One in ten school-age children have been diagnosed with ADHD [attention deficit (hyperactivity) disorder], making it one of the most common disorders of childhood. In fact, one in ten American children have a learning disorder, according to data from the National Survey of Children's Health . Line up 10 gorgeous beautiful children, and 1 of them struggles with learning, hyperactivity, impulsivity, and/or inattention. That's truly unbelievable to me!
When a parent brings me their child with ADD or ADHD, these are their top two questions:
1. Why is this happening to my child?
2. I don't want to use medication to treat his symptoms, what can I do?
Obviously, I spend a lot of time in my office answering these two questions, so I will give the abbreviated version here.
Why does my child have ADHD?...
Boy, I wish I knew! The short-end of the long is that there seem to be many reasons your child may struggle with hyperactivity, impulsivity, and/or inattention.
Genes play a primary role.
A number of genes that appear to play a role in the development of ADHD have been identified. The genes identified thus far point to an imbalance of two neurotransmitters: dopamine and serotonin. 
Studies in humans indicate people with ADHD may clear their dopamine from their synapses too quickly compared to healthy controls.  The point of connection between your child's nerve cells is called a synapse; it's where the nerve cell communicates with the other nerve cell by neurotransmitters (such as dopamine) that are released from one nerve cell to be received by another nerve cell. In children with ADHD, dopamine is cleared too quickly to help them pay attention and focus.
The role of serotonin is less understood. Serotonin is made from tryptophan (a building block for proteins) and tryptophan hydroxylase in the digestive tract. Serotonin exerts it's affect on most of your child's 40 million brain cells, including those related to social behavior, mood, memory and learning, appetite and sleep, just to name a few.  Do not underestimate the power of adequate serotonin supply!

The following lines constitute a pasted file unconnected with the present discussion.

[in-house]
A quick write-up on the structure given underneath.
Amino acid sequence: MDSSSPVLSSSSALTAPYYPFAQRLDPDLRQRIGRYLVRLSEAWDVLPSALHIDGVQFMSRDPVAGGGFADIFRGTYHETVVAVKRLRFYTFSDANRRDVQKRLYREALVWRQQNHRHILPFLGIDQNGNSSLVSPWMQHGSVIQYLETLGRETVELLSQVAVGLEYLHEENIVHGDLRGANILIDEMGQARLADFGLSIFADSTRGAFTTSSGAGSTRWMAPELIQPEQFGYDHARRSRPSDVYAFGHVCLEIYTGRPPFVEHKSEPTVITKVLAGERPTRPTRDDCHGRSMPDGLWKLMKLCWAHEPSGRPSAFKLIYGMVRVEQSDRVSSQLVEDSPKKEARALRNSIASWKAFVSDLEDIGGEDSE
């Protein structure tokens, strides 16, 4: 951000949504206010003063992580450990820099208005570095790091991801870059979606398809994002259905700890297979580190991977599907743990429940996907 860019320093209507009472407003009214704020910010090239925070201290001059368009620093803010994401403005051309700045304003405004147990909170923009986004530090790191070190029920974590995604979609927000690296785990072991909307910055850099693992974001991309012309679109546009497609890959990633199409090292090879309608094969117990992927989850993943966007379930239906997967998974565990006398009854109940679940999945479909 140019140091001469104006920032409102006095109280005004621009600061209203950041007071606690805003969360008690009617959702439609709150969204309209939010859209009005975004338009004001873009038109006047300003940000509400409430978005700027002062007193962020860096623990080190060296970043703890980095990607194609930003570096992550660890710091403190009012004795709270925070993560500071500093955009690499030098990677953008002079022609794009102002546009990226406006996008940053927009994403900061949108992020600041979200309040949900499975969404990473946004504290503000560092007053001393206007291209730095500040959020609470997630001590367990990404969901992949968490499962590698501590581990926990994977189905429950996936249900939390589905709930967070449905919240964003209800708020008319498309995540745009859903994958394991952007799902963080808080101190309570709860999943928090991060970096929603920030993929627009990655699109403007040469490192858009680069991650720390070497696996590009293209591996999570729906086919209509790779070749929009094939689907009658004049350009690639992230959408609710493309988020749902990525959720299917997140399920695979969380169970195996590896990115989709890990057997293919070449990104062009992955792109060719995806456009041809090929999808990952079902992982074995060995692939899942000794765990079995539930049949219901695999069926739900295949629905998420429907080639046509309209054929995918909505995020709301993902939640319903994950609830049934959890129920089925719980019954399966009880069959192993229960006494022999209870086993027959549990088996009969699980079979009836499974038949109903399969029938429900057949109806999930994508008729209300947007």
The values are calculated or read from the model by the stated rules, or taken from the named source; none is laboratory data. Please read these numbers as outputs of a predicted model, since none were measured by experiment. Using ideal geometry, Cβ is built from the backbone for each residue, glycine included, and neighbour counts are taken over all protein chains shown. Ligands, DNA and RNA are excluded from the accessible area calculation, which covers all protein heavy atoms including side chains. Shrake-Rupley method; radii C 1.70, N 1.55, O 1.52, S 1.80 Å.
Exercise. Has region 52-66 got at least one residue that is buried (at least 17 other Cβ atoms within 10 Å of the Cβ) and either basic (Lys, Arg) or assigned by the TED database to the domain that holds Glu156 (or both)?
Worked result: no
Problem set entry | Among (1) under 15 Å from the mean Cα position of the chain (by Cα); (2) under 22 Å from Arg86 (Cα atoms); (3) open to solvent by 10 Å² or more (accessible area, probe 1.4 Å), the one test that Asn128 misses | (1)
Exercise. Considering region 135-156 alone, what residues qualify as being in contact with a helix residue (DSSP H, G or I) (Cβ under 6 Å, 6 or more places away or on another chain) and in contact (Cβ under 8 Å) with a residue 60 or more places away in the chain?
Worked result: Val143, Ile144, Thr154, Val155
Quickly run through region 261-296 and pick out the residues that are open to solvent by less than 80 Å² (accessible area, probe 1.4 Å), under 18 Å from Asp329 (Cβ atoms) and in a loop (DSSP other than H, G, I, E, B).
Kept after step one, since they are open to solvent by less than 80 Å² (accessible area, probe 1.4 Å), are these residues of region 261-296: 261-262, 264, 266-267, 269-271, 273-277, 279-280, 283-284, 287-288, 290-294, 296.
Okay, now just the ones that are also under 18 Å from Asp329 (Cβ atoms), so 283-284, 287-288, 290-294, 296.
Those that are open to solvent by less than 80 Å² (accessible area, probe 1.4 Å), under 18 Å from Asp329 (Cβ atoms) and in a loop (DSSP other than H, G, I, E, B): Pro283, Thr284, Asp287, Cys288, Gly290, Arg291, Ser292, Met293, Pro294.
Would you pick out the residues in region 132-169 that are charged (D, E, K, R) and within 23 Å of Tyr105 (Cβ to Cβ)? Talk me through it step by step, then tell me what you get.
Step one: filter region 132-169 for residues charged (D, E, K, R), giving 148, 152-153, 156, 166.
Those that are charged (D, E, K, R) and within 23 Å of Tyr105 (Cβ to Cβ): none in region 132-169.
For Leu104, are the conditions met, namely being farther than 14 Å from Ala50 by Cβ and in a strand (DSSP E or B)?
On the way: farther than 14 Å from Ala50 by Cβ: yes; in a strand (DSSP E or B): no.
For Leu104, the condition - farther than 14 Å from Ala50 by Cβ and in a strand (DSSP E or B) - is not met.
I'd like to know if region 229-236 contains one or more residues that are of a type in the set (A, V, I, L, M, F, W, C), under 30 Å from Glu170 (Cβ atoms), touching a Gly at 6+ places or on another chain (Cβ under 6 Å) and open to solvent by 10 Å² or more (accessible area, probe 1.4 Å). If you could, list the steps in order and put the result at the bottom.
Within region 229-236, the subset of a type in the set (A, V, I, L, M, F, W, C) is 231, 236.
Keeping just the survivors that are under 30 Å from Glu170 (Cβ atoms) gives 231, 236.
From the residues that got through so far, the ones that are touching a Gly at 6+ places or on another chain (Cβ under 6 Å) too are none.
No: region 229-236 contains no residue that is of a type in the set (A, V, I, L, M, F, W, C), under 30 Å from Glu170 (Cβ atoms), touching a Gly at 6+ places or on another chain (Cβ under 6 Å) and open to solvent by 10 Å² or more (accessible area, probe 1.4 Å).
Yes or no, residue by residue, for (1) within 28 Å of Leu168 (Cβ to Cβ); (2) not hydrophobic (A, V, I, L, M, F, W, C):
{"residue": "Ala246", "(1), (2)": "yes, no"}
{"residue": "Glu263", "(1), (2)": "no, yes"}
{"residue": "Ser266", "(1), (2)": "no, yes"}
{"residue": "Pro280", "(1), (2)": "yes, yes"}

It is interesting to note that the majority of your child's serotonin is made in her digestive system. So you may have more control over your child's neurotransmitters than you think! If you work hard to optimize your child's digestive health, you can help her overall health including neurotransmitter health.
Genes are adaaptable.
We are learning from the field of epi-genetics that our genes are adaptable. They can change depending on their environmental influences, including food. While a genetic set-up is likely the primary reason your child is struggling with hyperactivity, impulsivity, and/or inattention, diet plays a role as well.
The role of diet in ADHD is generally considered "controversial" though research is mounting to show how some children diagnosed with ADHD have hyperactivity, impulsivity, and/or inattention from:
Diet Matters! You are what you eat.
Junk in is junk out. Nourish your child with REAL food. Balanced meals and snacks, with protein and fat nourish the brain. The brain is two-thirds fat and protein provides amino acids, like tryptophan, to help build neurotransmitters. My hope is that you realize the connection between the food you feed your child and how that can impact his health and happiness. The road is not always easy, but your hard work and effort is worth it! Just look at him.
See ADHD Solutions for my answer to "I don't want to use medication to treat his symptoms, what can I do?"
Susan McCreadie, MD is a Holistic Pediatrician and co-founder of get REAL for kids™. She shows parents how to find REAL health for their child, so they can stop treating their child's symptoms and instead find solutions that help their child heal from the inside out.
1. Altarac, M. and Saroha, E. (2007). Lifetime Prevalence of Learning Disability Among US Children. Pediatrics. Feb;119 Suppl 1:S77-83.
2. ADHD Candidate Gene Study in a Population-Based Birth Cohort: Association with DBH and DRD2. J Am Acad Child Adolesc Psychiatry. 2007 Dec;46(12):1614-1621.
3. Dopamine transporter density in patients with attention deficit hyperactivity disorder. Lancet. 1999 Dec 18 25;354(9196):2132-3.
4. Bouchez, C. (2011). Serotonin and Depression. WebMD. Retrieved November 5, 2011 from http://www.webmd.com/depression/recognizing-depression-symptoms/serotonin